Just when you think you know where networking is going and what the industry is doing, BAM! Something comes along that adds a new dimension and puts us right back onto a steep learning curve. Software Defined Networking (SDN) is one such movement that currently has the networking industry abuzz.
One definition of SDN describes it as “an emerging network architecture where network control is decoupled from forwarding and is directly programmable. Network intelligence is centralised in software-based SDN controllers, which maintains a global view of the network.” The concept is akin to that of an API in the software world and would allow the network to be controlled and programmed through the use of software and an open interface that talks to the underlying network hardware.
It is claimed by some commentators that SDN will be a major disruptive force in networking that will accelerate innovation and open the industry up to more competition at the network software and hardware layers. This is due to the use of open standards on the interface between the control plane, data plane and hardware, and allows many companies to create offerings and technology that can be part of the ecosystem, e.g. the processor chips inside network switches can be based on merchant silicon and don’t necessarily need to be purpose built silicon chips which is the case with the majority of network appliances today.
SDN has fuelled a significant amount of industry activity, including:
- Creation of the Open Network Foundation (ONF) in 2011, which is a non-profit consortium of vendors and end user organisations that promote the use of SDN and have defined an open interface to the network called Openflow;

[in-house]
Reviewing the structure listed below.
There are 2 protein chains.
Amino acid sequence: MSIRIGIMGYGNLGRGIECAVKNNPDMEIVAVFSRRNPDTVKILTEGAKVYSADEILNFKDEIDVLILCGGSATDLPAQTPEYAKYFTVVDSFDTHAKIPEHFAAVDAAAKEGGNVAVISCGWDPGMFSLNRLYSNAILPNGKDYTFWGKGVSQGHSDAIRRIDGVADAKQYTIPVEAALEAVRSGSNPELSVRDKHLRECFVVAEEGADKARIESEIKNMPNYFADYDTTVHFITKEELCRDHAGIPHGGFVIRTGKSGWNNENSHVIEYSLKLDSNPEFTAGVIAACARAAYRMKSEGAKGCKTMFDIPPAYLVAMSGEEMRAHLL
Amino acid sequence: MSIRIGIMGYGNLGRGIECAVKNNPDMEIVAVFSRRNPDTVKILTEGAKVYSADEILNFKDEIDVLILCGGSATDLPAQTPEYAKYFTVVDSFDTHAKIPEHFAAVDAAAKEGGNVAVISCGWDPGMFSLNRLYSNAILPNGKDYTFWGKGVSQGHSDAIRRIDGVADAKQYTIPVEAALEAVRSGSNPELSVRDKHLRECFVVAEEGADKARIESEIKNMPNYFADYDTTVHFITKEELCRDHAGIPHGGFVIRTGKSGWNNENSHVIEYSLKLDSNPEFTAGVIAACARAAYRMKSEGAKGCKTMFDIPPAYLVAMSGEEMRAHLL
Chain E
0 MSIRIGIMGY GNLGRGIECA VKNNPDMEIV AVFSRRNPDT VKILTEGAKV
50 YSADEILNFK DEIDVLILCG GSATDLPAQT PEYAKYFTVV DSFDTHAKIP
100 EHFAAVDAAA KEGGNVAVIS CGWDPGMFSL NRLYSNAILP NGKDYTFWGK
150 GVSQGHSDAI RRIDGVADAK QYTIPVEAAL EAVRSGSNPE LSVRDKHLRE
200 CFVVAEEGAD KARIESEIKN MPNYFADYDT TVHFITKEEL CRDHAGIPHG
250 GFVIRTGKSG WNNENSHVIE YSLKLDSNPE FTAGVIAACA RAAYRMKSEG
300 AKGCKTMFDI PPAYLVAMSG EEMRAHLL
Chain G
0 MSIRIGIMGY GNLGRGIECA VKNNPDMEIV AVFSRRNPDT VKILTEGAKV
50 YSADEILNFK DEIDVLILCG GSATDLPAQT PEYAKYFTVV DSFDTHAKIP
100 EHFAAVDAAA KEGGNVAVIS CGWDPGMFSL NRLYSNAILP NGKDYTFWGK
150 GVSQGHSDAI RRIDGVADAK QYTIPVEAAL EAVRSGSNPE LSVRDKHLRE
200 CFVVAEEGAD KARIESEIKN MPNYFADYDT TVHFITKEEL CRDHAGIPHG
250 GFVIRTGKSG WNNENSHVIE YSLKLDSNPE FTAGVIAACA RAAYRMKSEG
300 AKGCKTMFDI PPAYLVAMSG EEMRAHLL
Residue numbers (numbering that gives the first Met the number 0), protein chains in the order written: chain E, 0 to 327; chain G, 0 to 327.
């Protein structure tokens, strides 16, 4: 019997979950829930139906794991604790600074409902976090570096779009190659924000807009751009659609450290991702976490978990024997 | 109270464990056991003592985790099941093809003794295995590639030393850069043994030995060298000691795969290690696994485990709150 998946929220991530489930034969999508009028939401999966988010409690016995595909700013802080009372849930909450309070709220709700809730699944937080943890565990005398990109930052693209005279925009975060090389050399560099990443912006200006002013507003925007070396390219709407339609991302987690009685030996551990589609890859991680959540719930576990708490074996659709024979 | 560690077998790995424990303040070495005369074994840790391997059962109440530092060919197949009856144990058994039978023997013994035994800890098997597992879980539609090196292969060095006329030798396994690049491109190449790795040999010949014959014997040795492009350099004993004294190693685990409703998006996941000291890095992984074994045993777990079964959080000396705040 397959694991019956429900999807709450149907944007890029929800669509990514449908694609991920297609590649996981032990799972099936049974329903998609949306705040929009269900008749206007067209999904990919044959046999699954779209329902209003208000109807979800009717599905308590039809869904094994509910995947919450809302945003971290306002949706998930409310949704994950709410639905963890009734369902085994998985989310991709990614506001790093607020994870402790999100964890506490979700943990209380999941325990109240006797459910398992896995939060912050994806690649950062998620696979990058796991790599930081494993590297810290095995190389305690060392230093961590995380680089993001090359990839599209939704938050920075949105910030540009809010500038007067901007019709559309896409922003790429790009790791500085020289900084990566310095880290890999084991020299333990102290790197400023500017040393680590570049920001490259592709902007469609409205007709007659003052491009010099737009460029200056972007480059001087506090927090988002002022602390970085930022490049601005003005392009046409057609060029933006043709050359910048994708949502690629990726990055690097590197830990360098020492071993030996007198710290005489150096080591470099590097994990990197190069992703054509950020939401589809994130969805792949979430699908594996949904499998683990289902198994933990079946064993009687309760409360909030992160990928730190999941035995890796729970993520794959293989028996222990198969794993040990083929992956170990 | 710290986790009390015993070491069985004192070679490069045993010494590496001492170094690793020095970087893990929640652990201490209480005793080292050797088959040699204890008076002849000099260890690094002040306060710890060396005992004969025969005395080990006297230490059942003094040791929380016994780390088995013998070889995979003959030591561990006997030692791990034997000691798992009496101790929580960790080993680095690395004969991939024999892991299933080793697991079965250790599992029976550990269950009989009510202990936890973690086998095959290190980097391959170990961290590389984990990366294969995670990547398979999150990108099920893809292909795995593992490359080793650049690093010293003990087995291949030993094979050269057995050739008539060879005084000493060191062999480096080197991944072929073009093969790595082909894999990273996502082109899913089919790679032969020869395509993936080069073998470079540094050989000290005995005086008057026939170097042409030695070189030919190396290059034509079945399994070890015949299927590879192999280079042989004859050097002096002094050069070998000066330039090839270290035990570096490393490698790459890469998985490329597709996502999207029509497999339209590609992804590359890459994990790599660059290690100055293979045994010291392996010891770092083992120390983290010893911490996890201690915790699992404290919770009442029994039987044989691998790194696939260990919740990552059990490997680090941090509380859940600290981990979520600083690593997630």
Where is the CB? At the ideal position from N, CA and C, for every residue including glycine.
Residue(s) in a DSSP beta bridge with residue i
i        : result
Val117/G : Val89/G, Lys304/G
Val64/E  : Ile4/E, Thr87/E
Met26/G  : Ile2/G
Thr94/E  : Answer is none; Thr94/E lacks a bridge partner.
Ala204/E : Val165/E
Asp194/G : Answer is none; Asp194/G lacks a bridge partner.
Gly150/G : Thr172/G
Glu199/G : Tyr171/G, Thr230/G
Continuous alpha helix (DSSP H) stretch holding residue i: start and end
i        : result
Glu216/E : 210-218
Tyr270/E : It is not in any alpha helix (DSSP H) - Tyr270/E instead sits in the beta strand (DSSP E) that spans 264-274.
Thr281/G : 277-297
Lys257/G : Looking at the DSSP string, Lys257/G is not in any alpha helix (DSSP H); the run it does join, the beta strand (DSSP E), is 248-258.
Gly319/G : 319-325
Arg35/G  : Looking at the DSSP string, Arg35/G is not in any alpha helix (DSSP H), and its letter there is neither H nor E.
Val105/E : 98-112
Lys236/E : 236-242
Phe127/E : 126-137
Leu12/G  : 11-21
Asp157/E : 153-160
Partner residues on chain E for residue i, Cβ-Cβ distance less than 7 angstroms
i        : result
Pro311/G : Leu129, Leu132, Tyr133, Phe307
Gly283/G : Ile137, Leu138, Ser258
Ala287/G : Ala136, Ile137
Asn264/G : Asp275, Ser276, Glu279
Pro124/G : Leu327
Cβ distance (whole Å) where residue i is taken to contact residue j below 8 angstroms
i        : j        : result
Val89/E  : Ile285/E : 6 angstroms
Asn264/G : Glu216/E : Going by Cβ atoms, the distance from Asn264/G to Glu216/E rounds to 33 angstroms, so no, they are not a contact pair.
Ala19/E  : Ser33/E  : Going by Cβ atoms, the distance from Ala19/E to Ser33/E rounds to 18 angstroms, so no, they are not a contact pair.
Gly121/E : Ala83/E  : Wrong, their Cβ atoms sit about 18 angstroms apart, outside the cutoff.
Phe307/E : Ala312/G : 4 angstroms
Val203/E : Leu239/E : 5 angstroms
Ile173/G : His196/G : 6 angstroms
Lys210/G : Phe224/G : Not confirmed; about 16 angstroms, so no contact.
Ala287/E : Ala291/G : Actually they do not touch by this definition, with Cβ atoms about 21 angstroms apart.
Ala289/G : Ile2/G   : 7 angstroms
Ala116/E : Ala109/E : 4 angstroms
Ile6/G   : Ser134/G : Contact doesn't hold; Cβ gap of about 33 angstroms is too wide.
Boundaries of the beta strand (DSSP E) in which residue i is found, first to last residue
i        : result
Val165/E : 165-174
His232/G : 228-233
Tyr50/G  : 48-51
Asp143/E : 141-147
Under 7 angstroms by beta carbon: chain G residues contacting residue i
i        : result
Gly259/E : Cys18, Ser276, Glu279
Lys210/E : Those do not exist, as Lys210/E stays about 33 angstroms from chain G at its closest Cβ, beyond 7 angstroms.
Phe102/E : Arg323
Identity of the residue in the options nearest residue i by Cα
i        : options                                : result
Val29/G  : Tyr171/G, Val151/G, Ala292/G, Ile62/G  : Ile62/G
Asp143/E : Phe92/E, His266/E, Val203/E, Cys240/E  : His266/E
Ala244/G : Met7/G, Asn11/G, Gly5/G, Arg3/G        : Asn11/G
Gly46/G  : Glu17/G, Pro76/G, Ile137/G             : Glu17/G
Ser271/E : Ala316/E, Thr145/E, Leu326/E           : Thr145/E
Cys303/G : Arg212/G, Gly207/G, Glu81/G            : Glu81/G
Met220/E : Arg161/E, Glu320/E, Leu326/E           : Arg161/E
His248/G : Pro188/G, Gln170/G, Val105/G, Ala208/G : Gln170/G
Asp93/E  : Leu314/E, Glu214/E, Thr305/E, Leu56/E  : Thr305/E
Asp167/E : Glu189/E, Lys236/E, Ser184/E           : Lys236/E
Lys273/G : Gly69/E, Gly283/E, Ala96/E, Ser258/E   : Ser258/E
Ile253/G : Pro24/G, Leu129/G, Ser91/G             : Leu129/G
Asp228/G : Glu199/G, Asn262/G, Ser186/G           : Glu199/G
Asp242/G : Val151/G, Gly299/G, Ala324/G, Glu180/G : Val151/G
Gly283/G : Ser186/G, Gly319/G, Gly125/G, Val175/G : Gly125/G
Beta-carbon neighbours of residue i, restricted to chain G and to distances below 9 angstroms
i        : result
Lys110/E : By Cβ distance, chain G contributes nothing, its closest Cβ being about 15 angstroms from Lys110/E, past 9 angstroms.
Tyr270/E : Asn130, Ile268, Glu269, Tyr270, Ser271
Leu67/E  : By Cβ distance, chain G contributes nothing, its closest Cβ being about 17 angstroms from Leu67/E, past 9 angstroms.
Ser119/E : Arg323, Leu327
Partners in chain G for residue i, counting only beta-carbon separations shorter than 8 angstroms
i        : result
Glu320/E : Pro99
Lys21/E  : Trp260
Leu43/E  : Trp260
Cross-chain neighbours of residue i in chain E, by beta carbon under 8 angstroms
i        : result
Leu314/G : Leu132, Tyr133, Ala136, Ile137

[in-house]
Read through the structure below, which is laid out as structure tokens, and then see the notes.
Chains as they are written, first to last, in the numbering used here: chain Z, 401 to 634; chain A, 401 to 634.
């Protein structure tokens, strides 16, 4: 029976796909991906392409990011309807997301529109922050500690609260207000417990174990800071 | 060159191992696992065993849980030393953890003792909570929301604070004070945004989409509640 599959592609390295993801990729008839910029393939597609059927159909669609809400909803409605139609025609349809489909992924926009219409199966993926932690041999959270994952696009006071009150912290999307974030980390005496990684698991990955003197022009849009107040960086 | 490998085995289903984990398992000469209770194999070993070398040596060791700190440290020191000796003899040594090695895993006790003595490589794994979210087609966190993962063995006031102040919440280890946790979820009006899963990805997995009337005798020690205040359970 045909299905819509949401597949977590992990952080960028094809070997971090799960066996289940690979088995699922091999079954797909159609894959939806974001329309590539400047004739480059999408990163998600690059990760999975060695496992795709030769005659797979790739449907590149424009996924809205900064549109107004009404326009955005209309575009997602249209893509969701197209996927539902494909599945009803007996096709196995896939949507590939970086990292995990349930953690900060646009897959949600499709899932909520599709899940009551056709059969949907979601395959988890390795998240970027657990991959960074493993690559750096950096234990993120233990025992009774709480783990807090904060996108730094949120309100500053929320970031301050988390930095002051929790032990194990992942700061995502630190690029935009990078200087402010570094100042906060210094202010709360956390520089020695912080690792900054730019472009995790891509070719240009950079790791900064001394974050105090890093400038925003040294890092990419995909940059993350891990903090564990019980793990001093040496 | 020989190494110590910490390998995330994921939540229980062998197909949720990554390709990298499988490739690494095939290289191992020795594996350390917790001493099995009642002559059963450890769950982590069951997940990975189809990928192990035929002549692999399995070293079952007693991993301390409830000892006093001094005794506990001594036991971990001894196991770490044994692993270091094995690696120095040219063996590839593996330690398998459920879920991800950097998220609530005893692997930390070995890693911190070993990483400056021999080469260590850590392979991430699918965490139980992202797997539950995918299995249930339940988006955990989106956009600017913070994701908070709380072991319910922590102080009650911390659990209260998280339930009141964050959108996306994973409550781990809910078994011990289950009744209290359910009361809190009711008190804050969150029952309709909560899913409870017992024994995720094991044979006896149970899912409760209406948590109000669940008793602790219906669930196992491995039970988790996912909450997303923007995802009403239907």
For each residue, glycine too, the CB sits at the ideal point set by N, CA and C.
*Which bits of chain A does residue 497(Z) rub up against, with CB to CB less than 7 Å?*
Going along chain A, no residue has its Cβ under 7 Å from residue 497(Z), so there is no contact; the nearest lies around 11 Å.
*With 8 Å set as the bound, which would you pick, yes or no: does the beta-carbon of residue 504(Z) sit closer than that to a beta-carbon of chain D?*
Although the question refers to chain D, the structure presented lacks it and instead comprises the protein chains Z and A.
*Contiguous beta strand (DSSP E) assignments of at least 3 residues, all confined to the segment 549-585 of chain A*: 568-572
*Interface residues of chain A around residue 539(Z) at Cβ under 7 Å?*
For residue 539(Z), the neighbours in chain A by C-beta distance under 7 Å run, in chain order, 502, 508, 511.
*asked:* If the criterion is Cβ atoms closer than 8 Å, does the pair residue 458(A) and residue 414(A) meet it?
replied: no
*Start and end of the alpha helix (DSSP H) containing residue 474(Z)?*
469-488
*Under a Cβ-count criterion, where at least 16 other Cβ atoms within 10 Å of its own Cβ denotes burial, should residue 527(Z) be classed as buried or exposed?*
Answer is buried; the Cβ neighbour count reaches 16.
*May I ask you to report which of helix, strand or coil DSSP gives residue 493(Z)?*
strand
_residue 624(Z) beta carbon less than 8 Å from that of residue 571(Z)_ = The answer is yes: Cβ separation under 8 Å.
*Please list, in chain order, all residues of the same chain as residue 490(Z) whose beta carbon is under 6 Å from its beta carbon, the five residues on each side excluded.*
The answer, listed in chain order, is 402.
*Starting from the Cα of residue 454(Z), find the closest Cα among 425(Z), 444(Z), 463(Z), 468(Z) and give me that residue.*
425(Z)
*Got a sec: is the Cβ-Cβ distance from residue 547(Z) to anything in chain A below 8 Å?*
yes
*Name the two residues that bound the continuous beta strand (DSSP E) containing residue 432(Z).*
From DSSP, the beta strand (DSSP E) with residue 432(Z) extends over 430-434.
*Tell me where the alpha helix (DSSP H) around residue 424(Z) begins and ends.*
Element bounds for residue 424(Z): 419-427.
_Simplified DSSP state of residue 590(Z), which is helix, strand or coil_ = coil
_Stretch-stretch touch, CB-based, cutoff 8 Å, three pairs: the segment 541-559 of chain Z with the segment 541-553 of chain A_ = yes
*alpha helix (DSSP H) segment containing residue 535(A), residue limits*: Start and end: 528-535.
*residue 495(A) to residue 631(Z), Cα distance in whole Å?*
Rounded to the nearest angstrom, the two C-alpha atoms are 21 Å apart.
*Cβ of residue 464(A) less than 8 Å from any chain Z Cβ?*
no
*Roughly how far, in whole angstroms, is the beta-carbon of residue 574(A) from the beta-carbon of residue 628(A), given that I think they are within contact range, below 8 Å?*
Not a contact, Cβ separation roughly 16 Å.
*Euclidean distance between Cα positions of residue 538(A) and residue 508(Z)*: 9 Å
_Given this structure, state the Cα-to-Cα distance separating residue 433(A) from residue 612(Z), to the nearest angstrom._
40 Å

- Many networking start-ups and investment activity, e.g. Ncira, Embrane, Bigswitch, Plexxi and Insieme to name a few;
- Many networking vendors announcing their support of Openflow, including HP, Brocade, Extreme and NEC; and
- Cisco announcing Open Network Environment Platform Kit (OnePK) which will be their programmable interface to their switching and routing products.
It is still early days with vendors jockeying for position and mindshare, a handful of early deployments and no standards ratified by the standards bodies yet, but SDN holds promise. The very high pace of change in IT driven by technical advancements, economic pressure and social changes in the way we communicate and work, is placing organisational networks under significant pressure. The network is the foundation upon which all the above runs and is successful, and it needs to be as flexible as the applications, workloads and users who rely on it every day.
Having a network that is supportive, yet dynamic and flexible through programmability will be a real breakthrough for organisations, but SDN will just be another architectural choice that our clients will need to make. The right choices can sometimes be difficult for organisations to make considering the myriad of options already available, and managing transitions between existing and new age architectures is additionally no mean feat. This will require significant depth of knowledge in networking and management of large projects so consider partnering with an appropriate services organisation as SDN matures and becomes a viable architecture choice.